Anti-vascular endothelial growth factor drugs (anti-VEGF) are used in the treatment of retinal conditions including neovascular age-related macular degeneration (nAMD), and macular oedema associated with diabetic retinopathy or vein occlusions. Despite the fact that treatment often extends over many years, requiring repeated injections, little is known about the long-term effects on the healthy retina also exposed to the treatment. The aim of this research was to investigate the relationship between cumulative dose of anti-VEGF received and parameters of extramacular function and retinal layer thicknesses in people undergoing treatment for nAMD. Chapter 2 presents a systematic review of the literature conducted to evaluate current evidence regarding the effect of anti-VEGF drugs on peripheral retinal function and structure of animals and humans. The review found that the majority of evidence was not supportive of a detrimental effect of treatment on retinal function or structure. Crucially, however, there were significant limitations in the evidence base available to date. Of particular note was the dearth of studies which evaluated the effect of multiple injections over a prolonged period of time in animals or humans (for example, only 22.5% of the assessed studies followed up the subjects/participants for longer than 9 months after the first anti-VEGF treatment). A few studies with longer follow up times did report a small effect of treatment on retinal function in humans, but sample sizes were small. It was concluded that there is a need for research evaluating the cumulative effect of multiple retreatments of anti-VEGF drugs on retinal structure and function in humans. Chapters 3 and 4 report on aspects of electroretinogram (ERG) protocol development. In Chapter 3 the basic protocol for the PhD research was piloted, and the repeatability assessed. The final protocol consisted of a Transient Cone ERG (ISCEV standard; white 3 cd.s.m-2 stimulus, 4 ms duration, 2 Hz, over a white background of 30 cd.m-2), a flicker ERG (41 Hz, red stimulus peak wavelength 635 nm, 12 ms duration, 41 Hz, mean luminance 30 cd.m-2), and a photopic negative response (PhNR) recorded to a series of stimulus intensities (0.11-3.35 cd.s.m-2 red stimulus, peak wavelength 635 nm, 4 ms duration, 2 Hz, blue LED background, peak wavelength 465 nm, 158.8 scotopic cd.m-2). In Chapter 4, the repeatability of a desktop ERG recording system (Espion™, Diagnosys) was compared to that of a handheld system which uses skin electrodes instead of conjunctival electrodes (RETeval®, LKC). Reliability was found to be similar between the two. Amplitudes, but not times to peak, were substantially different in the hand held device. An electrode placement study aimed to determine the impact of the position of the skin sensor strip when recording ERGs using the handheld RETeval® device. Placement was important with respect to amplitudes – skin surface electrodes recorded lower amplitude values when placed further away from the manufacturer recommended position (2mm below the lower lid margin). However, time to peak was relatively unaffected by electrode position. Chapter 5 presents a cross-sectional study which aimed to investigate the relationship between number of anti-VEGF injections received by people with nAMD and parameters of the full-field ERG and optical coherence tomography (OCT) layer thicknesses (adjacent to the macula). Thirty-two participants were recruited from St Thomas’ Hospital. There was a tendency across all stimulus intensities for PhNR amplitude to reduce with increasing number of injections, a relationship that was statistically significant prior to Bonferroni correction at three intensities. Increasing number of injections was also associated with a reduced thickness of the nasal outer segment layer. Increasing time since first injection was significantly associated with reduced PhNR 0.11 cd.s.m-2 amplitude, and increased Transient Cone ERG b-wave time to peak, as well as reduced nasal nerve fibre layer thickness, photoreceptor outer segment layer thickness and total retinal thickness, and reduced temporal ganglion cell complex thickness, and outer segment thickness. A second study was conducted at a different test site using the RETeval® hand held device, with the aim of determining whether these ERG findings were consistent in a second set of participants (n = 19). There was a trend across all data towards reducing amplitudes and increasing implicit times with increasing number of injections. However, this was only statistically significant for the time to peak of the a-wave in the PhNR ERG protocol. The signal to noise ratio was small, however, and the lower than desired sample size means that this study was not powered to detect weak correlations. To conclude, the cross-sectional analysis of participants undergoing anti-VEGF therapy for nAMD highlighted a possible relationship between number of injections and certain parameters of the full-field ERG and retinal layer thicknesses measured adjacent to the macula. Of particular note was the relationship between PhNR amplitude and number of injections, and the apparent thinning of the photoreceptor outer segments with increasing number of injections and increasing time since first injection. However, the effect size was small. A number of potential confounding variables have been identified, including the effect of the disease process itself on the outcome measures assessed. Furthermore, interpretation of these findings should be made with caution given the low sample size, which limited the ability to detect small and medium effect sizes. The results of this study suggest that it is unlikely that long term anti-VEGF treatment causes a large negative effect on retinal structure or function which may be reassuring to practitioners and patients.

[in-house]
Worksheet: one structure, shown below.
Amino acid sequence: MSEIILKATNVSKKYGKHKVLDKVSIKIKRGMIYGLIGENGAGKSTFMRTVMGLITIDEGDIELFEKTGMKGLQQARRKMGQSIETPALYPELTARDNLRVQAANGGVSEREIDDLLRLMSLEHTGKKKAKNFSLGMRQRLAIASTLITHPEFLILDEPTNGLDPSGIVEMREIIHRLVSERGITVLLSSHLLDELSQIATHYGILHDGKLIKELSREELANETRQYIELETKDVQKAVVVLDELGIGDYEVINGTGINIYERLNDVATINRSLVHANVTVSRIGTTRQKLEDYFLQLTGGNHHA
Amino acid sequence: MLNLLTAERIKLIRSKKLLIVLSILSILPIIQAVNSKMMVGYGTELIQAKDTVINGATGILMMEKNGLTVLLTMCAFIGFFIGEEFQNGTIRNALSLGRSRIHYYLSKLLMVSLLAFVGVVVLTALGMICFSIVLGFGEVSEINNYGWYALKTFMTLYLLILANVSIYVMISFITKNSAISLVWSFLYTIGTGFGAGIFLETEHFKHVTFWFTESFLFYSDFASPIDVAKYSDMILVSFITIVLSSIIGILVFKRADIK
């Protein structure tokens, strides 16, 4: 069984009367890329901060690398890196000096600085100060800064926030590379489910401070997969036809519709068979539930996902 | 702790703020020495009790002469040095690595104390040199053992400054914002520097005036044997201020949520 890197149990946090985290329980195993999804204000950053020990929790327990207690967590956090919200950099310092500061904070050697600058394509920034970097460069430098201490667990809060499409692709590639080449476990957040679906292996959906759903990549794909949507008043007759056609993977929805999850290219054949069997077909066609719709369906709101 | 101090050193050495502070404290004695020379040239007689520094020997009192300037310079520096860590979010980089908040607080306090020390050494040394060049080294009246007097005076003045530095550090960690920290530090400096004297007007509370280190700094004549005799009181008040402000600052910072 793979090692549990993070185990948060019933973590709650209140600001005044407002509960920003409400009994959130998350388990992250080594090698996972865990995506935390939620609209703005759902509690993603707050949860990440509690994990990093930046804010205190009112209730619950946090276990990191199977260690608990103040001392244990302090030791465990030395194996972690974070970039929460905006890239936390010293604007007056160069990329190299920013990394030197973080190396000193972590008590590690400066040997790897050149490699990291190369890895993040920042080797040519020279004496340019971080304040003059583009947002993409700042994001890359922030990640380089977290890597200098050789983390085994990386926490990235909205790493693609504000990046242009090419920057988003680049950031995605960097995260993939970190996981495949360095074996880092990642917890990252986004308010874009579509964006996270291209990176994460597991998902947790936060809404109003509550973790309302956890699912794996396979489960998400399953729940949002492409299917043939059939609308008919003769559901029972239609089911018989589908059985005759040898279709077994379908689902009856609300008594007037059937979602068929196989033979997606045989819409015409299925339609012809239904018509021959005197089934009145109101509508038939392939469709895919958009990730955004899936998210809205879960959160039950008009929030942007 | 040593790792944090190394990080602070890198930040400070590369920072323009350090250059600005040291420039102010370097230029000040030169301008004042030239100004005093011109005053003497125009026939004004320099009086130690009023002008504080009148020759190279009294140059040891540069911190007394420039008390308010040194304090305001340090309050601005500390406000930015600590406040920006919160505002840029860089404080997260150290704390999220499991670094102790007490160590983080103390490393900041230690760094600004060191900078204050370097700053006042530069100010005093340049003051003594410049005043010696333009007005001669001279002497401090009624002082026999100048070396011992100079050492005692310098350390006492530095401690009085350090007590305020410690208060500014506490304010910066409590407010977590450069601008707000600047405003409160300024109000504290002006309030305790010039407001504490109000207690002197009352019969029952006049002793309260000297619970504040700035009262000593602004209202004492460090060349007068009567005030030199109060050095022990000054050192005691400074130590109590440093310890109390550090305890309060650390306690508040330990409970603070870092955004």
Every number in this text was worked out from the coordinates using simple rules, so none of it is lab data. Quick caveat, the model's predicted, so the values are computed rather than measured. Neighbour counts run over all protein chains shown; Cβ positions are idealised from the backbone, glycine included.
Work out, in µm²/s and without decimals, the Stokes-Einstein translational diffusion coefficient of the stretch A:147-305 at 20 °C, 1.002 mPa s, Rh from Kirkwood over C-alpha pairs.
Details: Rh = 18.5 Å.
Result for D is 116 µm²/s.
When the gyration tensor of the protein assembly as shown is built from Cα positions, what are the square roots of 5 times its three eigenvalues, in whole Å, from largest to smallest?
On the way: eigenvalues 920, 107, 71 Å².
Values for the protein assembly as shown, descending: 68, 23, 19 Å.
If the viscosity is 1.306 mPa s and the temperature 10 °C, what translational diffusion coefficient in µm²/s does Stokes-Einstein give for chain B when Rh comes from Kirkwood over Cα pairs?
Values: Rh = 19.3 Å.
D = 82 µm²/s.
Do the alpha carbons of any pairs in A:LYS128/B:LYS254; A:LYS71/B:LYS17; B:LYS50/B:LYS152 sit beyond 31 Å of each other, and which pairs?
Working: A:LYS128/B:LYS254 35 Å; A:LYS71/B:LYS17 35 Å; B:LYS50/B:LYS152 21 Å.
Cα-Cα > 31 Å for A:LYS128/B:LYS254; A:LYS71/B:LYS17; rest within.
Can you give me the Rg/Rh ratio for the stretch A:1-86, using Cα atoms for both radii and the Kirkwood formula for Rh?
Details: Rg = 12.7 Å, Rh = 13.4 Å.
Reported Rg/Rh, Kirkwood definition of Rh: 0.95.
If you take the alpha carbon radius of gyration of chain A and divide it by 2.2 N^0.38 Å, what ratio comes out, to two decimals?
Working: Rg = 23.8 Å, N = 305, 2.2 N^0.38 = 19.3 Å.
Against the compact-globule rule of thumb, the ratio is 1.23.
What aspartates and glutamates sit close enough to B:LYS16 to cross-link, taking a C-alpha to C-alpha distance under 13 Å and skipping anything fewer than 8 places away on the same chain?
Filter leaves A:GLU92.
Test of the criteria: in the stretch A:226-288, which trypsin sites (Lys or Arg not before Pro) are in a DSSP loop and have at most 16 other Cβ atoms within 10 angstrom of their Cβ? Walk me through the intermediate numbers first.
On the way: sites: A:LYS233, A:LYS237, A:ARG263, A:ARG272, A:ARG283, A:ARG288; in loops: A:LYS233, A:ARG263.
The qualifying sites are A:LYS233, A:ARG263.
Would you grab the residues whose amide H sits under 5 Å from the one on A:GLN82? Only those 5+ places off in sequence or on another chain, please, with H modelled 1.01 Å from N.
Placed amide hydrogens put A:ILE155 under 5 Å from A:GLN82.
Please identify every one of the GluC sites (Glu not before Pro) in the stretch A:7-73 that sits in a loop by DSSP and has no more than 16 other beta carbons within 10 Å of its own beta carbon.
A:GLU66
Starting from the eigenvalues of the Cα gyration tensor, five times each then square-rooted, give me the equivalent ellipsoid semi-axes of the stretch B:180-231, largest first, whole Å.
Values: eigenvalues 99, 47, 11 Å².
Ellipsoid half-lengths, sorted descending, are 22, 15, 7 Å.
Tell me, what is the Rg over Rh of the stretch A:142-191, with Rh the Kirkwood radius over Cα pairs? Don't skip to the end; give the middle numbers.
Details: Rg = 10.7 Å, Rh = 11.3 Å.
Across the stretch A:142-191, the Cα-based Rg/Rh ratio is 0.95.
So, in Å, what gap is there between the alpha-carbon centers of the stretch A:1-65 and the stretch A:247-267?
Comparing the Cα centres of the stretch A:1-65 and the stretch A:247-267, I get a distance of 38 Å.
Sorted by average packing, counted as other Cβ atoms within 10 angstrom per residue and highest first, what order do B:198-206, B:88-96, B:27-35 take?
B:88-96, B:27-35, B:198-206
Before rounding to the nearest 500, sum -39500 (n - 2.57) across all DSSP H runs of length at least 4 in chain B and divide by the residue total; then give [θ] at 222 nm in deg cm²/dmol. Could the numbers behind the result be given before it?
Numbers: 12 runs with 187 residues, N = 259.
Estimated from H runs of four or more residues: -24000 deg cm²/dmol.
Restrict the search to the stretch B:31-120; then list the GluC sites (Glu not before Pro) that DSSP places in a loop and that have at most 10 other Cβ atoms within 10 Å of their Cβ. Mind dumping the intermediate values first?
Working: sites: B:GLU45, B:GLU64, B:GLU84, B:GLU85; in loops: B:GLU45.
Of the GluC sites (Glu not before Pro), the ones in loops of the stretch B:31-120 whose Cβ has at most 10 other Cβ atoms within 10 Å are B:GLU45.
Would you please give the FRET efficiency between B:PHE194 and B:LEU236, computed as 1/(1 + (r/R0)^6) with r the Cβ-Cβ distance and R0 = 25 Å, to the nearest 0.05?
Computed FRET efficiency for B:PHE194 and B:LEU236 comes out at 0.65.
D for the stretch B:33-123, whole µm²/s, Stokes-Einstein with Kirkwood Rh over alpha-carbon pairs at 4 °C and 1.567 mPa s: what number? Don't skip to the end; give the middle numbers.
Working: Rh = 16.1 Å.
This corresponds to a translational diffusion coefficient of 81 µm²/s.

Publication Type: Thesis (Doctoral)
Subjects: R Medicine > RE Ophthalmology
Departments: Doctoral Theses > School of Health Sciences Doctoral Theses
School of Health Sciences > Optometry & Visual Science
[img] Text - Accepted Version